Clyde Barrow and Bonnie Parker were two notorious depression era gangsters who went on a crime spree that left more than a dozen dead. Their bloody trail came to an end when a group of lawmen from Texas and Louisiana ambushed them as they drove their stolen 1934 Ford Deluxe along a rural highway near Sailes, Louisiana on May 23, 1934. By the time of their deaths, the two fugitives had captured the imagination of many Americans. They were larger-than-life in part because they often posed for photographs like Hollywood stars.
Their notoriety was still drawing large crowds around the country three years later when the 1934 Ford Deluxe made a national tour as part of an anti-crime initiative. The "Death Car" as it was dubbed in the Providence Daily Enterprise came to Providence, Kentucky on July 28, 1937 and was on display at the Sugg & Company showroom. The local Ford dealer sponsored the car's exhibition free to the public. In addition, Everett Fillingham and C. Wiley Stanley, nationally known lecturers on Bonnie and Clyde's crime career, accompanied the car and discussed what happened on that rural highway and answered questions from the public.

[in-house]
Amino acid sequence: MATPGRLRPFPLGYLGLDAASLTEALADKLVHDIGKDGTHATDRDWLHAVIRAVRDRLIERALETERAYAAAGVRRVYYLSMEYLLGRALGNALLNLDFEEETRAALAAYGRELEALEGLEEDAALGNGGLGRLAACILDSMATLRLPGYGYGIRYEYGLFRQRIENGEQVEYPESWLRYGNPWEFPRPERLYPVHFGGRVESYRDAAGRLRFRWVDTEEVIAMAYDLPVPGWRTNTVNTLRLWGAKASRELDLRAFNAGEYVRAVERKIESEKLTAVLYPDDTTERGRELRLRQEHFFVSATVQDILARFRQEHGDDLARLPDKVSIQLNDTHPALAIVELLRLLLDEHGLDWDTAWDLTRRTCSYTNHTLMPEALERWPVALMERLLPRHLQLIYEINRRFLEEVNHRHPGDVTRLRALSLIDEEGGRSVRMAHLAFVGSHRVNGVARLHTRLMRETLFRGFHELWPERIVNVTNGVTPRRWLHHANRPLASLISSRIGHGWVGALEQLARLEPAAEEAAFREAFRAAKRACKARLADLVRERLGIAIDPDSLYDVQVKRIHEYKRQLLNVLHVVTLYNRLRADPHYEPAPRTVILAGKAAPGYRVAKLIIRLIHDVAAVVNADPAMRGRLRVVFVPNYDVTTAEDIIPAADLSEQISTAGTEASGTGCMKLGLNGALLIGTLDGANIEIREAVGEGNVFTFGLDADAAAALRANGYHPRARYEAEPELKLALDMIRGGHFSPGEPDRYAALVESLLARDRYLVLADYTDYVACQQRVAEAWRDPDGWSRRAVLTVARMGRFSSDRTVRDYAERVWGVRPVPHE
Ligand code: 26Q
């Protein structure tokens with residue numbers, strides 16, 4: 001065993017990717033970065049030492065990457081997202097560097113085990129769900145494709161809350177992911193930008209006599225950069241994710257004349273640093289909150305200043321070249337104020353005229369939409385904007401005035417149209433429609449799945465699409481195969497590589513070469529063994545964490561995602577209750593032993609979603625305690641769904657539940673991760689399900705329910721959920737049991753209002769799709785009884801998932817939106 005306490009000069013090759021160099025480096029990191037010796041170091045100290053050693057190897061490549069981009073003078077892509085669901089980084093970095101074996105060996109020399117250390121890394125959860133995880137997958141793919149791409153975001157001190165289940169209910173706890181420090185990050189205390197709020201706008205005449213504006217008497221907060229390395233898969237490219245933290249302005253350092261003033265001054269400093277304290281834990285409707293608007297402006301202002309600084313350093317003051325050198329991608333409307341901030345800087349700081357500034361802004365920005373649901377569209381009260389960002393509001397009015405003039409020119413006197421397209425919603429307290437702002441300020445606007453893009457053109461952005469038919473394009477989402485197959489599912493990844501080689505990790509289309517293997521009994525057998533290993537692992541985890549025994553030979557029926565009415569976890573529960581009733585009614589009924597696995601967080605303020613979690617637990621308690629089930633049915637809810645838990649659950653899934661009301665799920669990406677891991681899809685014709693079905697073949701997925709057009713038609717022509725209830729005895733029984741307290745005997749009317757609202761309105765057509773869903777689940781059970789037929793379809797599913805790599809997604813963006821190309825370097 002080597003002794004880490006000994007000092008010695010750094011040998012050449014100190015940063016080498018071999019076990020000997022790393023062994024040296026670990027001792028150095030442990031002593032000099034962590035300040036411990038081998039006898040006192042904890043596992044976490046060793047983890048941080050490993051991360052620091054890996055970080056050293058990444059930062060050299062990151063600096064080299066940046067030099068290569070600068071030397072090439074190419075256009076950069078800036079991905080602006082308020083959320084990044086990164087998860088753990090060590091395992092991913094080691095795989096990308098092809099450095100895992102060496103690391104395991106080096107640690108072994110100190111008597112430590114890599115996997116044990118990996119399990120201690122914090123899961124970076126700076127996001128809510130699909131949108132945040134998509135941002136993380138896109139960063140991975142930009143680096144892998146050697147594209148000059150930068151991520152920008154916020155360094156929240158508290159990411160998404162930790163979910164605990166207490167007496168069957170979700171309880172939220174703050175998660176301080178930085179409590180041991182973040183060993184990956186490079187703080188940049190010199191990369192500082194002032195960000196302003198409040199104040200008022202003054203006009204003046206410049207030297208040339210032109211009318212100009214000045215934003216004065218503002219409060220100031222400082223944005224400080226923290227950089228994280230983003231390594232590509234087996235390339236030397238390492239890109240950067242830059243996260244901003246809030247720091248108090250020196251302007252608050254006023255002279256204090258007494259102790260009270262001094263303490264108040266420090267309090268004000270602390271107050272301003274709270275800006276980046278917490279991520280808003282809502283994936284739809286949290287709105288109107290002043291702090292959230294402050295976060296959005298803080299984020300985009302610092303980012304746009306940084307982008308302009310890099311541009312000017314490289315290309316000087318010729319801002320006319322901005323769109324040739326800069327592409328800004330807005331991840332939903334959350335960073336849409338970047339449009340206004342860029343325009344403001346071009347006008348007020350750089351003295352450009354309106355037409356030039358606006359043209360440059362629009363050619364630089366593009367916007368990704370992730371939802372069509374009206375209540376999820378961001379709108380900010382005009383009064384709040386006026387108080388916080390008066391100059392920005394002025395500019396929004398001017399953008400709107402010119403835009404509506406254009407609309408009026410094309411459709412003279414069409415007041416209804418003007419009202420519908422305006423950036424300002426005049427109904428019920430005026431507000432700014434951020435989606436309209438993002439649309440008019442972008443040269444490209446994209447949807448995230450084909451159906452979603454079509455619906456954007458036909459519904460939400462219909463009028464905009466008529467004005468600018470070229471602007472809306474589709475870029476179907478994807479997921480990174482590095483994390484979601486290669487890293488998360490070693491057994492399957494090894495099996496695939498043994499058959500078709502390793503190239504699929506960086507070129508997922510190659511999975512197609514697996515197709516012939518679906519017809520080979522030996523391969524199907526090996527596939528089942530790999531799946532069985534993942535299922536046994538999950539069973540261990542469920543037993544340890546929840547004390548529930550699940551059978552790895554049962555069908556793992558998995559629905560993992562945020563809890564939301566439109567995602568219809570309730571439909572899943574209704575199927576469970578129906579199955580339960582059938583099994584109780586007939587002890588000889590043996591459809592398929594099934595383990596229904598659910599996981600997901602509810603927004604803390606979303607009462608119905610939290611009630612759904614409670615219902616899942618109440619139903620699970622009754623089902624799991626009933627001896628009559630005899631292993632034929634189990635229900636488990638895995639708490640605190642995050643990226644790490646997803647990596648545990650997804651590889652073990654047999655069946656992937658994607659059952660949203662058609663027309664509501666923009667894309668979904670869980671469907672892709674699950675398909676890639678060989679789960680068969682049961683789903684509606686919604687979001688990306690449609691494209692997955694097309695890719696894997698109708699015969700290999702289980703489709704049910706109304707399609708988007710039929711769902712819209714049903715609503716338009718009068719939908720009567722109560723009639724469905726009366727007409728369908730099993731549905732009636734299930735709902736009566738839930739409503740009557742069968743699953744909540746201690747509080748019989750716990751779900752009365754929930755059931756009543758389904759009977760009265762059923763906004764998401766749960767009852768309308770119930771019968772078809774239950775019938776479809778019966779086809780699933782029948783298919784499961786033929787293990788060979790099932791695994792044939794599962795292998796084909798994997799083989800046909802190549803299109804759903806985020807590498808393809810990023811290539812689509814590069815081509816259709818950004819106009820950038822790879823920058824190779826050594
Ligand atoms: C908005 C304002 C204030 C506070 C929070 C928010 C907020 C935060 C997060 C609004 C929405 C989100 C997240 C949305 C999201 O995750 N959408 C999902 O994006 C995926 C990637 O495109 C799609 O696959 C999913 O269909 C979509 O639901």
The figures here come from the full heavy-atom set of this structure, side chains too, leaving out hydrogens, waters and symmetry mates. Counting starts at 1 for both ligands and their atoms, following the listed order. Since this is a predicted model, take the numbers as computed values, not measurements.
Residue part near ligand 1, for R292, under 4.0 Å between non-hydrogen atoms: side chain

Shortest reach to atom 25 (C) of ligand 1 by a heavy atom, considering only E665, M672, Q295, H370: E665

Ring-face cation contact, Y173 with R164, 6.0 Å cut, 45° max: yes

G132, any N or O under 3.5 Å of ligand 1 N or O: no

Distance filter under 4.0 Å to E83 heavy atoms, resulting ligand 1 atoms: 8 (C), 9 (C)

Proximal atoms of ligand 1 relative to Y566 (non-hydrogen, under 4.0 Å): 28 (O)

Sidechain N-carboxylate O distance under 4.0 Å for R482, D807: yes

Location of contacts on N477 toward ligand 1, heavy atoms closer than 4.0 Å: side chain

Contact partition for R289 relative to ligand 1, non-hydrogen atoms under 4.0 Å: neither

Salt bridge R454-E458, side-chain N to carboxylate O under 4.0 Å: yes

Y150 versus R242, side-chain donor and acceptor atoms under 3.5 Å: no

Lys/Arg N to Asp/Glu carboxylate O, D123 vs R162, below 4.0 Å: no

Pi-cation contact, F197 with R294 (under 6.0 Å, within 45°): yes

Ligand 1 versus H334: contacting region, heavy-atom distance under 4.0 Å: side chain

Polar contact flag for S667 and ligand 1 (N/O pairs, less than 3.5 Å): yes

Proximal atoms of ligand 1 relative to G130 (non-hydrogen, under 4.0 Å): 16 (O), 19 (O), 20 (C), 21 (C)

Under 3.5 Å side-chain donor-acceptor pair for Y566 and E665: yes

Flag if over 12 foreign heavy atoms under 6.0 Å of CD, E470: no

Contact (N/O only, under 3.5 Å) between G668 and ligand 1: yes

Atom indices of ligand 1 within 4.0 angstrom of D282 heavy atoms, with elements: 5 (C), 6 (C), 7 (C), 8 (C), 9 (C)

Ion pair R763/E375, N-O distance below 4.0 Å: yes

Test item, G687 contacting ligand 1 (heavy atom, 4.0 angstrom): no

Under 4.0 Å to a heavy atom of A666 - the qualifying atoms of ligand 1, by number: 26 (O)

Whether the car's national tour deterred crime is difficult to quantify. However, local citizens who viewed the car, still described the event with excited voices a half century later.
Tradewater Genealogical Research Blog